Arkansas In The Civil WarOne hundred and fifty years ago, Winter was making itself evermore imminent in Arkansas and bivouacs across the South where Arkansas troops were bunkering down for the cold. Other hardships were likewise rearing their ugly heads as the illegal Federal blockade of the South was making it nearly impossible to procure goods in the Southern states.

As seen in an 1861 Arkansas newspaper, Arkansawyers were steadily churning out supplies for their soldiers scattered from local camps in Arkansas to campgrounds in Virginia. Citizens of every age rose to the challenge in providing these much-needed supplies as Winter begins. The following is an account of one of Arkansas’ many dedicated citizens: “Mrs. Lucetta Walker, of Columbus, in Hempstead county, a lady of venerable age, and distinguished, it is said, for her generosity, has donated the goods and made with her own hands for soldiers from that county 110 garments, and knit 46 pairs of socks within the last five months.”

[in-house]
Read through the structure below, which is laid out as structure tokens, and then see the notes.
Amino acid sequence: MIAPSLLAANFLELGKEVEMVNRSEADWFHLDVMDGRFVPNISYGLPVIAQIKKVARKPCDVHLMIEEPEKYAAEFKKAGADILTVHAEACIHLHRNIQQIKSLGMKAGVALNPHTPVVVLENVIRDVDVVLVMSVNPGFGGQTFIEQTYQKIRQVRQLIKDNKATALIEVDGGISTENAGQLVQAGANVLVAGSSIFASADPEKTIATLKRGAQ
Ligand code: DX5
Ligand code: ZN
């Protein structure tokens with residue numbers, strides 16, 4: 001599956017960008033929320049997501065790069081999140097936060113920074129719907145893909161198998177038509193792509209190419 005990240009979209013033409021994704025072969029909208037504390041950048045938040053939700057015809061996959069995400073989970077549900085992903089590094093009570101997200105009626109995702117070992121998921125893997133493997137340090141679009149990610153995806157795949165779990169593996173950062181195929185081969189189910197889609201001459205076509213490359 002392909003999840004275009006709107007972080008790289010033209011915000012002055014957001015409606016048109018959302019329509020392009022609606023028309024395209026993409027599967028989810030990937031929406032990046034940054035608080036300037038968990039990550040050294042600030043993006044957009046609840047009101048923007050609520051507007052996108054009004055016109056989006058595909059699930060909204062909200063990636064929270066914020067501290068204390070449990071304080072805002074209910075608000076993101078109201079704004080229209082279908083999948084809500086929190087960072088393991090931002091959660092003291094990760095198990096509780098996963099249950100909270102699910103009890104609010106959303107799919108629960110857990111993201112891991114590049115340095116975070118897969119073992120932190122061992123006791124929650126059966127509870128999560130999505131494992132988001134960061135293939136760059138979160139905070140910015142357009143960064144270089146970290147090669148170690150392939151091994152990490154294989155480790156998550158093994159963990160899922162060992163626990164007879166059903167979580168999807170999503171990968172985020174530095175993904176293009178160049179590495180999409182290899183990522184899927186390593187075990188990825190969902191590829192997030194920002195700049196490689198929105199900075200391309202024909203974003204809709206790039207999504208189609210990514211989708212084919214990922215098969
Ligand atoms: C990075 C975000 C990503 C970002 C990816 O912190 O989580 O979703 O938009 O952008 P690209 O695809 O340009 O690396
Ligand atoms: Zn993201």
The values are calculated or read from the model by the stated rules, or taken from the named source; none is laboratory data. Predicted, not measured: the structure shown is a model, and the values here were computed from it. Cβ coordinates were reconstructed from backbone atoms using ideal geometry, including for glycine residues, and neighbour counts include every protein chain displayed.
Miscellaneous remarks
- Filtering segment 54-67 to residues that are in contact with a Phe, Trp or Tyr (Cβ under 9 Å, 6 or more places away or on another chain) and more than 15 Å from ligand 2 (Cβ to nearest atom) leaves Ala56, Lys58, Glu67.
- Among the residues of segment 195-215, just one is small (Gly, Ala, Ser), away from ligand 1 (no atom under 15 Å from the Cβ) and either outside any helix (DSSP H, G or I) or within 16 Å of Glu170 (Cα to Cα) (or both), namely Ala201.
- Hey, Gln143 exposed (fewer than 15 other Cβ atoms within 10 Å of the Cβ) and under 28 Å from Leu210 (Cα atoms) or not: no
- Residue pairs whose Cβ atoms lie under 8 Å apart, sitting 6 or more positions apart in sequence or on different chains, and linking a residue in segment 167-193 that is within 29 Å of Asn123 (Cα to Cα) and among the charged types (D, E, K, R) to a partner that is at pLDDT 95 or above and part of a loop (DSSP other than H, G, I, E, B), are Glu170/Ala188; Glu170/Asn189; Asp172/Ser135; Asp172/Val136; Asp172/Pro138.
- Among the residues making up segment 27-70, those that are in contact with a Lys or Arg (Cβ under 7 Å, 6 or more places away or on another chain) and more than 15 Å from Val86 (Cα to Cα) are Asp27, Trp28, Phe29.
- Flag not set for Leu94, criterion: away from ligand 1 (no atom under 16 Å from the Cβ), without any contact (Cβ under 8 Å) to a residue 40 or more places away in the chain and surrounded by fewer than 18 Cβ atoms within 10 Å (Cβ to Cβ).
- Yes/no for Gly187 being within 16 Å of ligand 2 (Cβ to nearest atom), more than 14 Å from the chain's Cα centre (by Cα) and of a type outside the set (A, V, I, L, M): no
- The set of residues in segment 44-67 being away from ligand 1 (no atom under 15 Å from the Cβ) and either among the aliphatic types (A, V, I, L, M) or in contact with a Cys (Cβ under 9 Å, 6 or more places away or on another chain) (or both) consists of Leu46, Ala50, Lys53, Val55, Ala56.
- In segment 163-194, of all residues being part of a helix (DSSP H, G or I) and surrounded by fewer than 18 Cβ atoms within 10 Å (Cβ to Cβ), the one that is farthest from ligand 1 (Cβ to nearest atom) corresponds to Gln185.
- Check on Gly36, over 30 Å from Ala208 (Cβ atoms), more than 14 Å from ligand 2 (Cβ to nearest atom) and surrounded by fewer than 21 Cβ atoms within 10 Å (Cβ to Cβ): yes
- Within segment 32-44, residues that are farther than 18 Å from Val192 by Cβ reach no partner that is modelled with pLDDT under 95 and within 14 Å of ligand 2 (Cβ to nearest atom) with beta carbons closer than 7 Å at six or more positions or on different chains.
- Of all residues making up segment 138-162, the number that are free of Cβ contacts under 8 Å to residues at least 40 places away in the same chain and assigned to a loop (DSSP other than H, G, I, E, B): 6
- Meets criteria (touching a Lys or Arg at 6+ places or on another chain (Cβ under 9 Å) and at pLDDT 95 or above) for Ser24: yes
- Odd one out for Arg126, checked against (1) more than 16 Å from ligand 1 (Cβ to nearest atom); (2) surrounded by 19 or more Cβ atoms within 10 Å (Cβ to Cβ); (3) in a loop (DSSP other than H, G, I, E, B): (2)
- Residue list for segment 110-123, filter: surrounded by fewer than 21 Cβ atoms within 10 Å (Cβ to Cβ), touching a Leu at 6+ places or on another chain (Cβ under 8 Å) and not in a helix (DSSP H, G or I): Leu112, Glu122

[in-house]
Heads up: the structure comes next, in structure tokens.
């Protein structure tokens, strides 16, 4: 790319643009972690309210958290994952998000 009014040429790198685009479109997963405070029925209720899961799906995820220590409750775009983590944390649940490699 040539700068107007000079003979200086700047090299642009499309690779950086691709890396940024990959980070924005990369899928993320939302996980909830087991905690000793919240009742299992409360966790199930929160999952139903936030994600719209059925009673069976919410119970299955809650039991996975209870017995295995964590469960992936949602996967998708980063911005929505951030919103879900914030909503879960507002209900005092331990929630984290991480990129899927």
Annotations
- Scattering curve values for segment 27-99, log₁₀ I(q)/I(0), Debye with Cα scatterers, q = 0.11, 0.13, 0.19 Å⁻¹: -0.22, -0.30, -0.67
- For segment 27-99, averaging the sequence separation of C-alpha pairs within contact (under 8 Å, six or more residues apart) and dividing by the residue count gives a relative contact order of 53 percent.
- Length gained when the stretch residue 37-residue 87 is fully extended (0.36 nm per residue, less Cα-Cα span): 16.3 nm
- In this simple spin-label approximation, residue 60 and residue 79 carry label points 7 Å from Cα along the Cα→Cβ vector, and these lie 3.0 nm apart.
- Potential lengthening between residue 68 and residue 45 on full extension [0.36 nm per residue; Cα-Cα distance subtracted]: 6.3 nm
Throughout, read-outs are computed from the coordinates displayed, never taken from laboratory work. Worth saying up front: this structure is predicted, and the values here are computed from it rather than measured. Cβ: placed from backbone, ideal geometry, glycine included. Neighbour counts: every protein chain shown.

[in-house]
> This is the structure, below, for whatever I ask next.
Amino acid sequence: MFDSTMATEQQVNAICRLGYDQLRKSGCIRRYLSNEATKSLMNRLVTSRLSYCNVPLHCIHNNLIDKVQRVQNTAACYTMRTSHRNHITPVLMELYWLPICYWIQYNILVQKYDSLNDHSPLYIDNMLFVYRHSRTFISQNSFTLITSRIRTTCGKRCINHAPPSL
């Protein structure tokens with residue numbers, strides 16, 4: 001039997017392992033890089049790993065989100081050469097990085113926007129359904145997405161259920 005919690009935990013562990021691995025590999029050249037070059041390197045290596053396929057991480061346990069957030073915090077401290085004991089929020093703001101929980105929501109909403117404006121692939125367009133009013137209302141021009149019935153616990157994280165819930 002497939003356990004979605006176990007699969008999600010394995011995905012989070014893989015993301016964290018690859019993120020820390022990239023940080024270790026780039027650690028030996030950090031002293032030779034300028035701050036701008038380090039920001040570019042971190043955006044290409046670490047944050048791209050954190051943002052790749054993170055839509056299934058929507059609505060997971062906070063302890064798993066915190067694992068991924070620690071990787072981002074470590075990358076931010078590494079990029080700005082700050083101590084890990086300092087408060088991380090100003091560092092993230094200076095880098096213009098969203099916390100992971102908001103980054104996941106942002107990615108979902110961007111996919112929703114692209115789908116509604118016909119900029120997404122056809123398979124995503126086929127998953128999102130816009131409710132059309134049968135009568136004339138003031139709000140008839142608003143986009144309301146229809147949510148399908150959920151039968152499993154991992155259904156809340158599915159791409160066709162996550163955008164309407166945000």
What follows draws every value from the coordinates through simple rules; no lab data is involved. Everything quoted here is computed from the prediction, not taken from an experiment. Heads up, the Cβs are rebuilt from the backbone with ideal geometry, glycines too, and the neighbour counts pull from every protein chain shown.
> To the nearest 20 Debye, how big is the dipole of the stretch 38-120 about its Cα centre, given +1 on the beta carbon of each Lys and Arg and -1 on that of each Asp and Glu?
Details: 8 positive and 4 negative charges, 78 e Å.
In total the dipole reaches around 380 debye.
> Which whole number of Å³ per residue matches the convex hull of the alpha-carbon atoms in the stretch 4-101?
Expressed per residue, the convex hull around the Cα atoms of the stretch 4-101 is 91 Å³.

As 1861 nears its closing days, and only about six months following the first major battle of the War Between the States, the Southern people were feeling the harsh reality of poverty. As men by the thousands join the Confederate ranks, coupled with the Federal blockade preventing the usual shipment of everyday supplies, families are seen in Memphis flocking in droves to public assistance. As seen in an 1861 edition of the Memphis Commercial Appeal, “Free soup establishments having been established by the relief committee, they were patronized by hundreds of destitute families on Saturday last.”

Regarding the ill-clad troops destitute of blankets to keep them warm as the nights frequented temperatures well below freezing, the ingenuity of the Southern people cannot and must not be trivialized. Only a few days prior to Christmas in 1861, an interesting note was scribbled by a soldier in Kentucky: “We have seen some of our brave soldiers sporting a covering or blanket made of woolen carpeting, of which a large number have been prepared for the army. The bright colors and singular patterns often give it a very striking appearance. Our heart warmed as we looked at it. This is getting at the thing in earnest, and enables us to see our way through two or three winters. The first winter we can use the new carpets; the second winter we can use the old ones; and for the third winter we can quilt the two together.”